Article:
Forest Fires Kill Over 100 in Chile

( – Chilean authorities have warned that while at least 112 people are known to have been killed as a result of the wildfires that have torn through the country in recent days, that number could well rise. Hundreds of people are currently missing, and with entire neighborhoods destroyed by the fires, it is feared that more bodies are yet to be found. Chile’s President Gabriel Boric, who declared two days of national mourning from Monday, February 5th, called it a “tragedy of very great magnitude.”

The fires represent the worst disaster Chile has seen since an earthquake in 2010 killed 500 people, and swept through large parts of the Valparaiso region in central Chile, damaging an estimated 14,000 homes and displacing around 40,000 people. High temperatures and powerful winds were initially blamed for the fires, but the National Defense chief, Daniel Muñoz, later said that the preliminary evidence showed that the fires may have been deliberately set. Several reports of arson have been made to the authorities, and two individuals were arrested on suspicion of setting the fire that killed four people in the Viña del Mar botanical garden, but they were later released due to insufficient evidence.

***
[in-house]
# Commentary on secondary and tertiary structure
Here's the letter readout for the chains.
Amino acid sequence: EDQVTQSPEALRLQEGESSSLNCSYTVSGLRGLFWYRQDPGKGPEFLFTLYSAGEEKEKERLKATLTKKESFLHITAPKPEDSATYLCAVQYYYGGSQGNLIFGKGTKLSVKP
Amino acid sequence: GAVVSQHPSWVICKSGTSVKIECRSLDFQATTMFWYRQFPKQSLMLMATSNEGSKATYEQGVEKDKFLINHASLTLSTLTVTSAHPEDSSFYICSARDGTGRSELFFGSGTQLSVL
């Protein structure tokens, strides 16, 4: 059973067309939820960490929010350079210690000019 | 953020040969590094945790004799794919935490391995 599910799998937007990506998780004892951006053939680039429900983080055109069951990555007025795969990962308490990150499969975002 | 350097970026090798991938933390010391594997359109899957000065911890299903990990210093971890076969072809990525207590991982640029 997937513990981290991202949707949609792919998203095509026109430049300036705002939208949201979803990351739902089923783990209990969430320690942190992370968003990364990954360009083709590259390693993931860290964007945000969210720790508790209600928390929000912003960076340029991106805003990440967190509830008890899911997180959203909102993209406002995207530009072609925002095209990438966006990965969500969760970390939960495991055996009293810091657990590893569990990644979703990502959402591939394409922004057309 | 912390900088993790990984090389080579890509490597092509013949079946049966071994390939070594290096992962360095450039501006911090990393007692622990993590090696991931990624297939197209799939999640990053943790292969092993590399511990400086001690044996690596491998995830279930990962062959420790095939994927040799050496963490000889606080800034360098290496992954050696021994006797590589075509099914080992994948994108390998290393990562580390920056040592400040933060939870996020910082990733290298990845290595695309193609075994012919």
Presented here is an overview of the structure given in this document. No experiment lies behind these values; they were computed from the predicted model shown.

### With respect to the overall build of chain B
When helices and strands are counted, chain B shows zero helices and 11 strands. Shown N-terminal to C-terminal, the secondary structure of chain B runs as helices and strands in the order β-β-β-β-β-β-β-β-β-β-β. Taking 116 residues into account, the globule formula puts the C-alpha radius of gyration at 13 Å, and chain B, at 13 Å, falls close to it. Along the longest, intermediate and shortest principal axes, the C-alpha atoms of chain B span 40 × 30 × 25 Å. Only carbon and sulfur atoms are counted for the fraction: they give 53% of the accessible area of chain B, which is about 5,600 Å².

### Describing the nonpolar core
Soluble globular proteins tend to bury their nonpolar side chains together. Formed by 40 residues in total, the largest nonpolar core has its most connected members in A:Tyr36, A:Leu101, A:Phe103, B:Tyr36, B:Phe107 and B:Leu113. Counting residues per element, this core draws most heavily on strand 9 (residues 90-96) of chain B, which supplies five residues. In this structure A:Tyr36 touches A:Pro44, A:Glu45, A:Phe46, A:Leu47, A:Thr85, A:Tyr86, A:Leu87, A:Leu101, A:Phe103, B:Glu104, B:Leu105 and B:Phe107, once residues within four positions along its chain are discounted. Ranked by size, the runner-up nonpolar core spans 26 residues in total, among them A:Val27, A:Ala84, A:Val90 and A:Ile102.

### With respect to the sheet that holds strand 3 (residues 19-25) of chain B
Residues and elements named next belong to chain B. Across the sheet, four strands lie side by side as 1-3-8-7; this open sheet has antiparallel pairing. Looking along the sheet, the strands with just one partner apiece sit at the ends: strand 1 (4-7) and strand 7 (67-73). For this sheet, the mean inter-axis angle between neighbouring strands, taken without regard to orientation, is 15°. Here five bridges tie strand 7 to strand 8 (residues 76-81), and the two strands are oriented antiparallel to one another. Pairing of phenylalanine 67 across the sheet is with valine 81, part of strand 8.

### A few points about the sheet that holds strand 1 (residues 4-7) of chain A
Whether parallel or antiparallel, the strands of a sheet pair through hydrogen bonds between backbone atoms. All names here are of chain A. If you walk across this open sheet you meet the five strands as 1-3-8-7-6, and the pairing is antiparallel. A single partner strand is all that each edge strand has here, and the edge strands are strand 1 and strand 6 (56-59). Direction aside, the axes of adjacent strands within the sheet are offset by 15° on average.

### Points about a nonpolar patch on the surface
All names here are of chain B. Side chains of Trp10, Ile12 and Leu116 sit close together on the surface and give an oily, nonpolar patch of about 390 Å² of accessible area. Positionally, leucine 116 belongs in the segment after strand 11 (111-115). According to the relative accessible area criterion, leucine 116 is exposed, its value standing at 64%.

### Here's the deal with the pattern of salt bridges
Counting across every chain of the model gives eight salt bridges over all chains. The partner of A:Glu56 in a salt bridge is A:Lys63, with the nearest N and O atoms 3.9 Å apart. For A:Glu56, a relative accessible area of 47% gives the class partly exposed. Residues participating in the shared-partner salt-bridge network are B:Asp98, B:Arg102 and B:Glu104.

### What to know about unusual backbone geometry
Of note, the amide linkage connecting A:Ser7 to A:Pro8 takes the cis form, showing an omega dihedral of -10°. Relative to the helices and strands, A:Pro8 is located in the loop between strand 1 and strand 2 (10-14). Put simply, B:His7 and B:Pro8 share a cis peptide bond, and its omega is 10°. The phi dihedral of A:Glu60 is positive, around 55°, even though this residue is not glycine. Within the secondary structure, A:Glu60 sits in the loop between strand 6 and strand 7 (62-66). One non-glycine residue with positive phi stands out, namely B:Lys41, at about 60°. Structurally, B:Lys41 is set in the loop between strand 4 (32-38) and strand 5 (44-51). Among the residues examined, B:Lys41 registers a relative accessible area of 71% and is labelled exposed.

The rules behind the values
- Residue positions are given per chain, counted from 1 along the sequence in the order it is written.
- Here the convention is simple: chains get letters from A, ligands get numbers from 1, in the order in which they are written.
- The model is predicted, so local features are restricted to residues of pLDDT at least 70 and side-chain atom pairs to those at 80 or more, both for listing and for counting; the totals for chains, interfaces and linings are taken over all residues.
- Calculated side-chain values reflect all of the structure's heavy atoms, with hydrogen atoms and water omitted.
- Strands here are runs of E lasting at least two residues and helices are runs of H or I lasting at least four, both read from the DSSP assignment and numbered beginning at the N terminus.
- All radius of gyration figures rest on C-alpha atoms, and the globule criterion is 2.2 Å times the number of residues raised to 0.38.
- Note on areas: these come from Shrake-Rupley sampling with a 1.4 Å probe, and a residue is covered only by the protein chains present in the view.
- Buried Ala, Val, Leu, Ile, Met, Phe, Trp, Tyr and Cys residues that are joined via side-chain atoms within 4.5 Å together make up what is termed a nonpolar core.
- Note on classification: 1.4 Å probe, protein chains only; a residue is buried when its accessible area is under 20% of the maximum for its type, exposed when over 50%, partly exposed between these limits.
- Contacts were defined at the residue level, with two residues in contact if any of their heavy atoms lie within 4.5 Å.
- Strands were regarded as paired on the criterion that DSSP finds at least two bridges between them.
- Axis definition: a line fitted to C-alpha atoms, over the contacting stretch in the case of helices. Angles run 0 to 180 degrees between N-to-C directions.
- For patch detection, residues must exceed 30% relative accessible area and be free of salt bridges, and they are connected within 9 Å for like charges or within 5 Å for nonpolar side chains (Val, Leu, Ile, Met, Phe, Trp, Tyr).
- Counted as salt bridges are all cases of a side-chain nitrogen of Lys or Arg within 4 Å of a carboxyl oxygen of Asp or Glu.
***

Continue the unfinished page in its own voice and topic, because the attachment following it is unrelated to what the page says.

President Boric has declared a state of emergency and vowed to make every necessary resource available to the fire-fighting and disaster relief efforts. Approximately 1,400 firefighters were deployed in the affected areas on Sunday, February 4th alone, and military personnel have also been directed to assist emergency services in their work. The country’s health ministry has called for elective surgeries to be postponed and authorized the creation of temporary field hospitals to treat the wounded, with medical students nearing the end of their studies to be drafted in to help staff the area’s health services.

A 9 p.m. curfew was also put in place in the worst-affected areas, with the government claiming that this would help emergency services reach their destinations and help people more effectively. Senate President Juan Colomo added that national security was currently at risk by organized criminals, but that the government’s response to the crisis would help to restore “calm” to the nation.

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